For a major organisation like the Church of England to ordain women bishops is a step away from the outdated sexist attitude to the past and towards a more equal society. There are some issues that our society isn't at all relativistic about!

    For Christians who take a different view, the challenge is not just to present an alternative interpretation of the Bible, but also an alternative cultural narrative.

  2. I get why they think it their business. But, that is (a) different from it actually being their business and (b) from it having any effect on them in practice. Even if we concede the equality as a social good argument; how is equality within an organisation for people totally unconnected to that organisation a good (or otherwise) for them?

    How many ethnic minorities do you think make it a priority to call for equality within the ranks of the BNP? The party evidently doesn't model equality and, if equality is such a vital good, why not campaign for the active recognition of ethnic minorities within their ranks. The obvious answer is because intrinsic to the BNP position is ethnic inequality. Rather than campaign for change within an organisation they are never going to join, they take the eminently more sensible (and consistent) position of simply campaigning against the group altogether.

    It seems those outside the Anglican church want it both ways – they don't want to join but they want their say on how it is governed. They are quite happy to campaign against it as a church altogether but they also, simultaneously, campaign for it to make changes within itself according to the cultural zeitgeist. It is a thoroughly inconsistent position.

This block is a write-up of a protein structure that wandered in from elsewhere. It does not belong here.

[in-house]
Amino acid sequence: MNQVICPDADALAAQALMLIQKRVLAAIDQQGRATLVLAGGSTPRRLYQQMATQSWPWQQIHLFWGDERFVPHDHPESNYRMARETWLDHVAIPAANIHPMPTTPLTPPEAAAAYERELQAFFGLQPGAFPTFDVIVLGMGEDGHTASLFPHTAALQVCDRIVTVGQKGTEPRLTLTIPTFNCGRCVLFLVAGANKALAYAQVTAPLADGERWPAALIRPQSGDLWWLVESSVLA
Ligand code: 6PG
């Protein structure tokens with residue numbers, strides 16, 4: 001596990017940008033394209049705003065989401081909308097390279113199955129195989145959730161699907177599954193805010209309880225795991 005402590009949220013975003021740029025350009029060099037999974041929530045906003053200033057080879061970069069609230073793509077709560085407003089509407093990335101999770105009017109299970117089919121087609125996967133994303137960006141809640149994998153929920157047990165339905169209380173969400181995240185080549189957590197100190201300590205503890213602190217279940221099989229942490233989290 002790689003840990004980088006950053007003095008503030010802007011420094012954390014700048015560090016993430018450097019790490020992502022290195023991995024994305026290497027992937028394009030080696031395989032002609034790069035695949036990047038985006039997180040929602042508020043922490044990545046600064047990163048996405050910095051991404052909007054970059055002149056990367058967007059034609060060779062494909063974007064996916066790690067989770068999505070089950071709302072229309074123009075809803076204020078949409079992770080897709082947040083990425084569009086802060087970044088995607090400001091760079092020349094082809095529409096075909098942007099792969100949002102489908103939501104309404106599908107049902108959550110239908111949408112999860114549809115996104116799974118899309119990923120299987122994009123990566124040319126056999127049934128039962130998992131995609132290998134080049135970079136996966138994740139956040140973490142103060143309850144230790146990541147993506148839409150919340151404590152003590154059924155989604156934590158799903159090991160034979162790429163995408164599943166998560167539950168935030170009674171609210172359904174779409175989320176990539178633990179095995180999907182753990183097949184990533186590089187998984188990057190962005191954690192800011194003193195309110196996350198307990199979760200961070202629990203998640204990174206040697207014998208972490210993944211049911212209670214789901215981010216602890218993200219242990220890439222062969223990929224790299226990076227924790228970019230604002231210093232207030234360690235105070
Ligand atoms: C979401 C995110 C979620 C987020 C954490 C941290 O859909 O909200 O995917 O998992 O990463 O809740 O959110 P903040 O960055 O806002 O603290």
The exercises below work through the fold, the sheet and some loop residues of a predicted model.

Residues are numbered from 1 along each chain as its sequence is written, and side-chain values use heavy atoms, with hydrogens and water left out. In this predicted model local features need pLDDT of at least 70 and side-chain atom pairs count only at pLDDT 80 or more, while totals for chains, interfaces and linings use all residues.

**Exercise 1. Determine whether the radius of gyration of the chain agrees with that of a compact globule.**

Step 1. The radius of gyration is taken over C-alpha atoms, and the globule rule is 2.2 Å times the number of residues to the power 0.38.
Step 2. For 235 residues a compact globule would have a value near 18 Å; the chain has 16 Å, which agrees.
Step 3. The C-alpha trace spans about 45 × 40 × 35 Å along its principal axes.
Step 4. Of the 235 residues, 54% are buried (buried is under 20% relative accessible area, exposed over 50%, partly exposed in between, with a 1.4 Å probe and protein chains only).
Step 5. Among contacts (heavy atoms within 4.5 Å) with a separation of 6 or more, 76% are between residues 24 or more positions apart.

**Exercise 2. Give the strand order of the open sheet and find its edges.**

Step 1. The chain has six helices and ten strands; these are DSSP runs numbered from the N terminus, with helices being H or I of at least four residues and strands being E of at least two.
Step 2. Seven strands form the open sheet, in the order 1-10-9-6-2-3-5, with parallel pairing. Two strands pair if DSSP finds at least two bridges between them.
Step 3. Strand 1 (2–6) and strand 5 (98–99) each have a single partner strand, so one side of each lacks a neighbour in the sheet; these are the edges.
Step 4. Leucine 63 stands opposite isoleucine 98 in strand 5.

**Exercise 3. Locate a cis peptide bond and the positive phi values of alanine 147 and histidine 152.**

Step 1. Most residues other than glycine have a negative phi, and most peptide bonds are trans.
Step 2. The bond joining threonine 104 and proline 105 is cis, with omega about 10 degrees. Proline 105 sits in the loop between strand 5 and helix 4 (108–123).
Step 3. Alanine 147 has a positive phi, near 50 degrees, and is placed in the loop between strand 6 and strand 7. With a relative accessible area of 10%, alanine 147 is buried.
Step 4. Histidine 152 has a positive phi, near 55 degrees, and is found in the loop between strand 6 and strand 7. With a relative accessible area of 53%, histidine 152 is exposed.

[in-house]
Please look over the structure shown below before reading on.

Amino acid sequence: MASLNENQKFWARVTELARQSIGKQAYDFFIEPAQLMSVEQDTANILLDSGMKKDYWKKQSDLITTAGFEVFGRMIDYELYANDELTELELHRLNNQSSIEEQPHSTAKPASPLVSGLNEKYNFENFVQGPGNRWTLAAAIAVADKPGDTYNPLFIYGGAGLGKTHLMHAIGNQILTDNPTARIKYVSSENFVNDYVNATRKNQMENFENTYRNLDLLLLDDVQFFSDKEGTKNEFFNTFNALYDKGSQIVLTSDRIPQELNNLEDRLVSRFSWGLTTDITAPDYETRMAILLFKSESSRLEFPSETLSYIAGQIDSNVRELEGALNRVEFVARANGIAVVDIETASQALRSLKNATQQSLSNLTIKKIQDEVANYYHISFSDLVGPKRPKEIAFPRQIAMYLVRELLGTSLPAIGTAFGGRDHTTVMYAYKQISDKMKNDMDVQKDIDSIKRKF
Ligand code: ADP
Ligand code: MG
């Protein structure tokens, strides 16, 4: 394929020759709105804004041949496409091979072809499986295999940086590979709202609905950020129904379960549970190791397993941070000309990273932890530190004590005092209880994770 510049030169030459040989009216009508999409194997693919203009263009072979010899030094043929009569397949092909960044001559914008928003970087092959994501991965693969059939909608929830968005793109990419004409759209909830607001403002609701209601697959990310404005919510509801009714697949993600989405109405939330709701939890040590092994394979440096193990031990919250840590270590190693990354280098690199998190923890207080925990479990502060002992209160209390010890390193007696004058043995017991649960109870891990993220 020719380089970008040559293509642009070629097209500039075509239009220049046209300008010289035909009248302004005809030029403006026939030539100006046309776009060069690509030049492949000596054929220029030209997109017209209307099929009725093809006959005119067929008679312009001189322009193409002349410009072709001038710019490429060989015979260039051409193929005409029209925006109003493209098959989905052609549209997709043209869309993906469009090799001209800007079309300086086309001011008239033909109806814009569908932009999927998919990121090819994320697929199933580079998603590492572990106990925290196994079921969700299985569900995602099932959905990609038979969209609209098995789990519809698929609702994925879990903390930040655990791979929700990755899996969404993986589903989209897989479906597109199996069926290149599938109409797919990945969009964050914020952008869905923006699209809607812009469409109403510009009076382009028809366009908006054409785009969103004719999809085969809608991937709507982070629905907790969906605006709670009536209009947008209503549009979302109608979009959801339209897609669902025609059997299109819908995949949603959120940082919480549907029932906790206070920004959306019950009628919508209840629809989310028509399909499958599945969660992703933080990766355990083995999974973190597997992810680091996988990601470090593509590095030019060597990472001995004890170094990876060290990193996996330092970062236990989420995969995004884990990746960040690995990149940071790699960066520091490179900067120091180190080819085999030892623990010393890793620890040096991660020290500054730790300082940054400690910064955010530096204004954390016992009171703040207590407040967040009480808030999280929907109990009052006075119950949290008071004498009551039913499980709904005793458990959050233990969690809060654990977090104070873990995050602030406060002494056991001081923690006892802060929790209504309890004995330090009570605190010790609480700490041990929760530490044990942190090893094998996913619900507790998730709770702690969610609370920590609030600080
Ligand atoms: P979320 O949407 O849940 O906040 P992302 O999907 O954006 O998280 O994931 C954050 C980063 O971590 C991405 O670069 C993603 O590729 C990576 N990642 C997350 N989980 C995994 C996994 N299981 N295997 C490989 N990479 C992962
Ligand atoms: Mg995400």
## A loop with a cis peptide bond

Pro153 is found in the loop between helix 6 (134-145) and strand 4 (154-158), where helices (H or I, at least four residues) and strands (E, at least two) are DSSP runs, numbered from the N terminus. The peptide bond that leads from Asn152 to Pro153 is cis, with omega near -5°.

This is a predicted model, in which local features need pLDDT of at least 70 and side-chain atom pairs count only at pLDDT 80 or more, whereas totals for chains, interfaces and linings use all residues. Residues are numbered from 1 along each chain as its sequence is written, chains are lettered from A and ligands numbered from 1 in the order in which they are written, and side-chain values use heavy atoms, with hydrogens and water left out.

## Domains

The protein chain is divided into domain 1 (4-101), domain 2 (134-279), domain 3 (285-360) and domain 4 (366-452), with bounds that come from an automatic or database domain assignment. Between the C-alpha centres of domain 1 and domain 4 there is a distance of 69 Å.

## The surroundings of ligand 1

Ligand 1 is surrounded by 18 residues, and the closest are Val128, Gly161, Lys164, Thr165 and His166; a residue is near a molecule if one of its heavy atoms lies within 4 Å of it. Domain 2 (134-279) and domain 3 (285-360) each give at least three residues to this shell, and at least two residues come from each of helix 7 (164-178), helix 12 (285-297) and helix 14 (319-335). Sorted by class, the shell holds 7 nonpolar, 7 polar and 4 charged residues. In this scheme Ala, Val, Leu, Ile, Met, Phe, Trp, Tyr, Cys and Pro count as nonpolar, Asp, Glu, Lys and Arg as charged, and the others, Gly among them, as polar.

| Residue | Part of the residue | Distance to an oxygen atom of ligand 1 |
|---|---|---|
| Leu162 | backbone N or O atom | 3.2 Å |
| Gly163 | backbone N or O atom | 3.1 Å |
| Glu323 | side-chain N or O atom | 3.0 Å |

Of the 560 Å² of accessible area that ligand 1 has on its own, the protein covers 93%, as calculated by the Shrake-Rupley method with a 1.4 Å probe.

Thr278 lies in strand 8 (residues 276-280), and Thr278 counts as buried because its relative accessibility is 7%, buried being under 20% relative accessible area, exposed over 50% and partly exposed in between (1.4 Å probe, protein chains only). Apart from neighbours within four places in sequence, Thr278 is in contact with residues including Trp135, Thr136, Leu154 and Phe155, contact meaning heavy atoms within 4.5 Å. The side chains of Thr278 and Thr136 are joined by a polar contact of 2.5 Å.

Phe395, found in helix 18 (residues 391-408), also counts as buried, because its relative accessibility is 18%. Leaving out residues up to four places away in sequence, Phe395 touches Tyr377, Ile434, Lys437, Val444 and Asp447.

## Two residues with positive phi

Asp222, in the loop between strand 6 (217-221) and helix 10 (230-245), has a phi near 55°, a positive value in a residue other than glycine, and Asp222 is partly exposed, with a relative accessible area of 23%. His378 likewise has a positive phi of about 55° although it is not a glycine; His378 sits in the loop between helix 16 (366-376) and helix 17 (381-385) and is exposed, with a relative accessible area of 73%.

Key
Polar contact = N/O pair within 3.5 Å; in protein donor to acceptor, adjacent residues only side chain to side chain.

What is more, such people are often the very first to get inordinately upset when Christians wish to protest against [insert film/play/tv programme/art exhibition]. They (rightly) see it as none of the Christian's business what is shown in [insert non-txpayer, non-license fee payer funded organisation] and suggest, politely or otherwise, that if they don't like it they shouldn't go and watch the offensive thing. Yet, such views suddenly don't apply when it comes to the church.

    The consistent thing is to either campaign against the evils of the church you simply do not want to join (as, say, the British Humanist Association or the National Secular Society are wont to do) or to keep schtum and let the organisation of which you are not, and never will be, a part get on with doing whatever it wants to do without impinging upon you or your life.

  3. To take a different example, if a company you don't buy from is using slave labour to produce its goods, you've no reason to object if it doesn't affect you?

    If you see sexism as immoral, then the imperative to treat men and women equally is binding on everyone and every institution, regardless of whether you're personally involved in them.

    People dismiss the BNP outright because they see it as inherently racist and intolerant. But for most organisations, they might display inequality or prejudice, but this is not essential to their purpose, and so any steps towards equality will be welcomed.

    People care about equality in the CofE because equality is one of the moral norms of our society, and because by and large they don't see the CofE as inherently sexist, just behind the times and able to progress. Given the starting assumptions, I don't see anything inconsistent about people seeing it as their business.